a query about sentences

Ardis Eschenberg ardise at HOTMAIL.COM
Sat Apr 12 18:05:37 UTC 2003

Hi!  I guess that all this discussion is basically centered around English
teaching, but I thought I'd add from a different perspective anyway.
I work with a team to teach a Native American language at the highschool
level to non-native speaker Native children.  The basic unit for us is the
verb.  The verb has the bulk of morphological operations (except
compounding) and exhibits the basic phonological processes (example:
devoicing with affixation) that also affect noun phrases.  In a way, this is
sentence level as well as a single verb can be a sentence.  Though I've not
attempted to teach too much intonation, post-verbal operators (clitics)
provide illocutionary force in this language anyway.  Also, sentences are
used to chunk information into digestible blocks for students to process.
When we transcribe, we use inflected verbs to provide stop points
(effectively these provide when we stop a sentence and break it down and
translate) to create a chunk to look into.  It helps prevent hassling over
what is a sentence.
So, perhaps, for different languages a different focus may be necessary.  Or
perhaps this is simply a difference in goals of programs.
-Ardis Eschenberg

>From: Dick Hudson <dick at LINGUISTICS.UCL.AC.UK>
>Reply-To: Dick Hudson <dick at LINGUISTICS.UCL.AC.UK>
>To: FUNKNET at listserv.rice.edu
>Subject: Re: a query about sentences
>Date: Fri, 11 Apr 2003 08:20:50 +0100
>Dear Jo,
>Good question. Here in the UK, as you know, grammar has got quite well
>embedded in the school curriculum, especially in primary schools. One of
>the many achievements of the people who have introduced it as part of
>government strategy is to introduce it in the context of a very basic
>theoretical framework which deliberately takes the focus of sentence
>structure. It divides grammar into three levels:
>1. word-level grammar - word classes, inflectional and derivational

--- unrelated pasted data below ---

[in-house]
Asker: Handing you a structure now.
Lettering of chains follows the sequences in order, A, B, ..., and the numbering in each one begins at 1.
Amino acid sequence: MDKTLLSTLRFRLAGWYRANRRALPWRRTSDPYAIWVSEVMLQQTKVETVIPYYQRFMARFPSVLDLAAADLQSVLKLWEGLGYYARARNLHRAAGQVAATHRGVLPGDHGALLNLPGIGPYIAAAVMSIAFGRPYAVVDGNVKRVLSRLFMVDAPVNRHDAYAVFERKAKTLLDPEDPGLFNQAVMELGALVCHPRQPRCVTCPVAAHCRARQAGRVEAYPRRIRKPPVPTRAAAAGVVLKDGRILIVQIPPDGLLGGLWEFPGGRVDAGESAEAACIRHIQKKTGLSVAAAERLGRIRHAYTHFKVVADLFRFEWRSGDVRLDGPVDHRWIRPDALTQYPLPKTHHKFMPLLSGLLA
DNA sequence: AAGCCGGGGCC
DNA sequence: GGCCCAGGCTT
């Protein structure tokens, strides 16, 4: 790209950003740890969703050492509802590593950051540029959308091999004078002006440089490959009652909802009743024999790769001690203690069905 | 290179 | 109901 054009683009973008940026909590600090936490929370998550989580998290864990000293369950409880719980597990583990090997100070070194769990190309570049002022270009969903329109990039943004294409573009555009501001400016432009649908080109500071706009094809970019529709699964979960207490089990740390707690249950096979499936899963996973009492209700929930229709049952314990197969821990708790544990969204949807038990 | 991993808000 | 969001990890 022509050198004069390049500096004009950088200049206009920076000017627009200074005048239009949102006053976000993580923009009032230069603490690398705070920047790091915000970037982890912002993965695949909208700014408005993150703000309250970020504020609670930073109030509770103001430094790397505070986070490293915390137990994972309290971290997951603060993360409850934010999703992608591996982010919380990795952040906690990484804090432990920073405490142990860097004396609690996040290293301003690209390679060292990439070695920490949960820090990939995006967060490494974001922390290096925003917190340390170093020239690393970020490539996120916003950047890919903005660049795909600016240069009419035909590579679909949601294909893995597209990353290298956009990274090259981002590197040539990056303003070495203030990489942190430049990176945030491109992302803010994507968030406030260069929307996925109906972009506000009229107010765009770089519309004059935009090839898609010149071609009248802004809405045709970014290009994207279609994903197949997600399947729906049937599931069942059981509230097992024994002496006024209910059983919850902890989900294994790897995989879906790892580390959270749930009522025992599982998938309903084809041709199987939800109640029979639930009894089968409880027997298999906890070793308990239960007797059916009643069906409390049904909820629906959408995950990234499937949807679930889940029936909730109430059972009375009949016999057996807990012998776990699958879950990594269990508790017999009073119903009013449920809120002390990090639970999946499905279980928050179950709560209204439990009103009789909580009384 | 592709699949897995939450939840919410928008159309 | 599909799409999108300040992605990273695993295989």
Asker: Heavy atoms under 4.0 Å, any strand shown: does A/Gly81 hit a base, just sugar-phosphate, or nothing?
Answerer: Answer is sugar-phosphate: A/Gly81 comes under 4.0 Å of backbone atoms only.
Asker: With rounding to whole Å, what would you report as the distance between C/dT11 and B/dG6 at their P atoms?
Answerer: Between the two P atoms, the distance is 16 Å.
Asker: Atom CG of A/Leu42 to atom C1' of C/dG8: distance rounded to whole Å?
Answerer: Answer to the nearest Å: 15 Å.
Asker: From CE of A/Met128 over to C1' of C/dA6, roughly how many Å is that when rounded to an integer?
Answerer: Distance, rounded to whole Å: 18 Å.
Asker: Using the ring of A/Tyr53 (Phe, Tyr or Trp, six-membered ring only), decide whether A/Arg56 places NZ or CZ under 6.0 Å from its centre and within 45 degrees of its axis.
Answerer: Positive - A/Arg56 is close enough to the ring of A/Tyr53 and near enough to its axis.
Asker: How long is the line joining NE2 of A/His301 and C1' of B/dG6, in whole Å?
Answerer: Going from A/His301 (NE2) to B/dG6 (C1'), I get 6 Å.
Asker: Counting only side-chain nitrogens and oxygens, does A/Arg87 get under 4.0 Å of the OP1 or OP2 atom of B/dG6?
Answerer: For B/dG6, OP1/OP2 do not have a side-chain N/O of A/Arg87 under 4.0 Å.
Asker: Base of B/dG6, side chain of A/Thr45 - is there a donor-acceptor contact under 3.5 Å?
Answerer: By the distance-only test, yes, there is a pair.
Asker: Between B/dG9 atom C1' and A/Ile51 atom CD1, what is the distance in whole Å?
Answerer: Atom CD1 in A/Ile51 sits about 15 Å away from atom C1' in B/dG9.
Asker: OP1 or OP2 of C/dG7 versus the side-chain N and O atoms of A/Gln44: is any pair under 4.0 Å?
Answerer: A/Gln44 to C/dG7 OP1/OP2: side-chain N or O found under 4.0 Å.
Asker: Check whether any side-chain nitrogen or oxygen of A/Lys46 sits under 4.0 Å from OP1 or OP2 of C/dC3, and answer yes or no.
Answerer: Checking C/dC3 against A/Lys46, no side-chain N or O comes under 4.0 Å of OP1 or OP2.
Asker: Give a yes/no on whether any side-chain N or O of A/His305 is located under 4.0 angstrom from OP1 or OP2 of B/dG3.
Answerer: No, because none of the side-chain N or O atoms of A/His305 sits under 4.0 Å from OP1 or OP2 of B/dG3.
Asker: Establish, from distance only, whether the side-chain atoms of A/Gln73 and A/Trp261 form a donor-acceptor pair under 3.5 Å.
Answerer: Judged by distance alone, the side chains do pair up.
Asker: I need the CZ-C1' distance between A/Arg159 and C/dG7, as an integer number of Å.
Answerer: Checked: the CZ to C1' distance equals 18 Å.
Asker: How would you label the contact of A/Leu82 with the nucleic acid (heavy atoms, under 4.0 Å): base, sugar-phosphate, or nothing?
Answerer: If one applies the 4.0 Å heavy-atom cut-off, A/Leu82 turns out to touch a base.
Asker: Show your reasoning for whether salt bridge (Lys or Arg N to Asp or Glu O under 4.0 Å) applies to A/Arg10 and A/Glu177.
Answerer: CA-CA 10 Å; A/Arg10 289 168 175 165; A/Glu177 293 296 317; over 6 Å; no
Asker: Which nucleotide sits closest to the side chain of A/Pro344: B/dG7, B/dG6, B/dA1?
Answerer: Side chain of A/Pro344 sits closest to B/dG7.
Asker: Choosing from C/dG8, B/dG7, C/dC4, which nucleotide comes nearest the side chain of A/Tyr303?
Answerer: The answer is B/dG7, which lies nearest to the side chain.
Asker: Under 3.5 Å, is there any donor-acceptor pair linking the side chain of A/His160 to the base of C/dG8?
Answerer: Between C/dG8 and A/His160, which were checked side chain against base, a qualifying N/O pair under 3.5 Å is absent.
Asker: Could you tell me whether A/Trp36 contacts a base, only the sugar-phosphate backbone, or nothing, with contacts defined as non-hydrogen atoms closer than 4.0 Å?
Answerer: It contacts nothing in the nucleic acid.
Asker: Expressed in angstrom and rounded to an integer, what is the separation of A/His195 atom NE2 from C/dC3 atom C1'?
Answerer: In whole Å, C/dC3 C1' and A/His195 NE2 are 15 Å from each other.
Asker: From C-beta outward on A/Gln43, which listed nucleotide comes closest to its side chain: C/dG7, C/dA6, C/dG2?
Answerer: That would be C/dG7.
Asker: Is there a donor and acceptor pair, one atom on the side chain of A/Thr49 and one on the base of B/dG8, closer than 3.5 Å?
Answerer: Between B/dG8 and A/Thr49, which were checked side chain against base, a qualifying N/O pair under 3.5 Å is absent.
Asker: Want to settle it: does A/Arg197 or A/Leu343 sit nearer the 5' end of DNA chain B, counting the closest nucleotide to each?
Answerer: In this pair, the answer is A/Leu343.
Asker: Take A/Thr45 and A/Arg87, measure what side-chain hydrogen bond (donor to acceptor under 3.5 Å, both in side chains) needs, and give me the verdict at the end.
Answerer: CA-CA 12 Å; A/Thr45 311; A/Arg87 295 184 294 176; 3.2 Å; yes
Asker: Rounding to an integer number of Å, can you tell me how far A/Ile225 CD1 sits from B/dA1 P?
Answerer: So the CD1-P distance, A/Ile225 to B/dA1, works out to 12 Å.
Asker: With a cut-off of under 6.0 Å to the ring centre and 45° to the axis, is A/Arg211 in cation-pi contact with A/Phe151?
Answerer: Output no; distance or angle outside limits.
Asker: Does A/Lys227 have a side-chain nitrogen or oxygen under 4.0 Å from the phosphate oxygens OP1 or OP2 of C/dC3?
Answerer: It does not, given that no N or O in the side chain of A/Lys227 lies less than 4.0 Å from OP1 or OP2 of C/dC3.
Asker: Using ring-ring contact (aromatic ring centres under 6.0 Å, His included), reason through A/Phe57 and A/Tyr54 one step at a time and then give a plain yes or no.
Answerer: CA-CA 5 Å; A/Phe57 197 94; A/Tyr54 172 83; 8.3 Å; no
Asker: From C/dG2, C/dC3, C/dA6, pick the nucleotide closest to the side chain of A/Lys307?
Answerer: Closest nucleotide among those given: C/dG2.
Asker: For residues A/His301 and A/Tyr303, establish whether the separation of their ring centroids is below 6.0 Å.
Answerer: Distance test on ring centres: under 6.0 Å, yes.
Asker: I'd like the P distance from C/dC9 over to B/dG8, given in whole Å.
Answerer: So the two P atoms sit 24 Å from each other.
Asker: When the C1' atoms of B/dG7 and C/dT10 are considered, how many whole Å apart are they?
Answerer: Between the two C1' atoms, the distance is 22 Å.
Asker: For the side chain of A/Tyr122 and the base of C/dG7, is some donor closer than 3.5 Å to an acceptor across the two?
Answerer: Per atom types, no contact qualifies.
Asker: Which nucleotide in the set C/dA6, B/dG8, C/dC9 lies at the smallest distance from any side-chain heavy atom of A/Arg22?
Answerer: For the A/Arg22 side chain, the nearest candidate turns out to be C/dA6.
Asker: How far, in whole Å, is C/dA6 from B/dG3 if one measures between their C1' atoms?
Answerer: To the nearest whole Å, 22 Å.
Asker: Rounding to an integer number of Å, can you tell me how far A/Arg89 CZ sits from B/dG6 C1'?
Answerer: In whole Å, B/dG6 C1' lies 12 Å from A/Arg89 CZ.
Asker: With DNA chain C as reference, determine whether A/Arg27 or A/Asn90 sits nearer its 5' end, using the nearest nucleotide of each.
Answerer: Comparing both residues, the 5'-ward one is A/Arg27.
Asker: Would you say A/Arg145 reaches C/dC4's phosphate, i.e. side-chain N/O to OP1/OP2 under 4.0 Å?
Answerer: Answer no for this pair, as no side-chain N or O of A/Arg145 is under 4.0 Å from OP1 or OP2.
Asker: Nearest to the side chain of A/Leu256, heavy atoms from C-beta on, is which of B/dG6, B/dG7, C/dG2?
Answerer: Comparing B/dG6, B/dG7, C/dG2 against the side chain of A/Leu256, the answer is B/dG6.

>morphology, 'word families' = lexical relations, spelling, some punctuation
>2. sentence-level grammar - phrases, clauses, sentence types, most of
>3. text-level grammar - cohesion, coherence, especially tense, person and
>information flow (not presented in those terms).
>In my opinion it's just as important to include word-level stuff as
>text-level; but the main point is that grammar is not just sentence
>structure, as some people assume.
>         To see how it pans out concretely, you might like to look at some
>training material (for year 7-9 teachers) that I've almost finished putting
>on my web site at http://www.phon.ucl.ac.uk/home/dick/tta/KS3.htm, where
>the index follows this three-way division. This material is meant to follow
>on from the "Grammar for Writing" materials for earlier years (which you've
>seen); that followed the same three-way structure.
>         Hope this helps,
>                 Dick Hudson
>>Hi folks,
>>I'm participating in a discussion on another list about what the best
>>starting point for instruction in grammar (in the context of writing or
>>composition instruction) in K-12 schools is; the current debate is about
>>whether the sentence is a good starting point or not.
>>We've gotten into a discussion about the privileged status of the
>>sentence in both traditional grammar and generative syntax. One
>>participant has argued, for example, that the sentence is a basic-level
>>linguistic category (I guess THE basic-level linguistic category, since
>>he argues for starting there).
>>My notion is that a focus on the sentence is too neglectful of the role
>>of sentences in texts, and especially of the role of text-level
>>imperatives in determining the structure of sentences.
>>What are your opinions on the traditional privileging of the sentence
>>as the basic unit of language over larger or smaller units?
>>Thanks in advance for your thoughts!
>>Johanna Rubba   Associate Professor, Linguistics
>>English Department, California Polytechnic State University
>>One Grand Avenue  San Luis Obispo, CA 93407
>>Tel. (805)-756-2184    Fax: (805)-756-6374 Dept. Phone.  756-2596
>>E-mail: jrubba at calpoly.edu   Home page: http://www.cla.calpoly.edu/~jrubba
>Richard (= Dick) Hudson
>Phonetics and Linguistics, University College London,
>Gower Street, London WC1E  6BT.
>+44(0)20 7679 3152; fax +44(0)20 7383 4108;

Tired of spam? Get advanced junk mail protection with MSN 8.

More information about the Funknet mailing list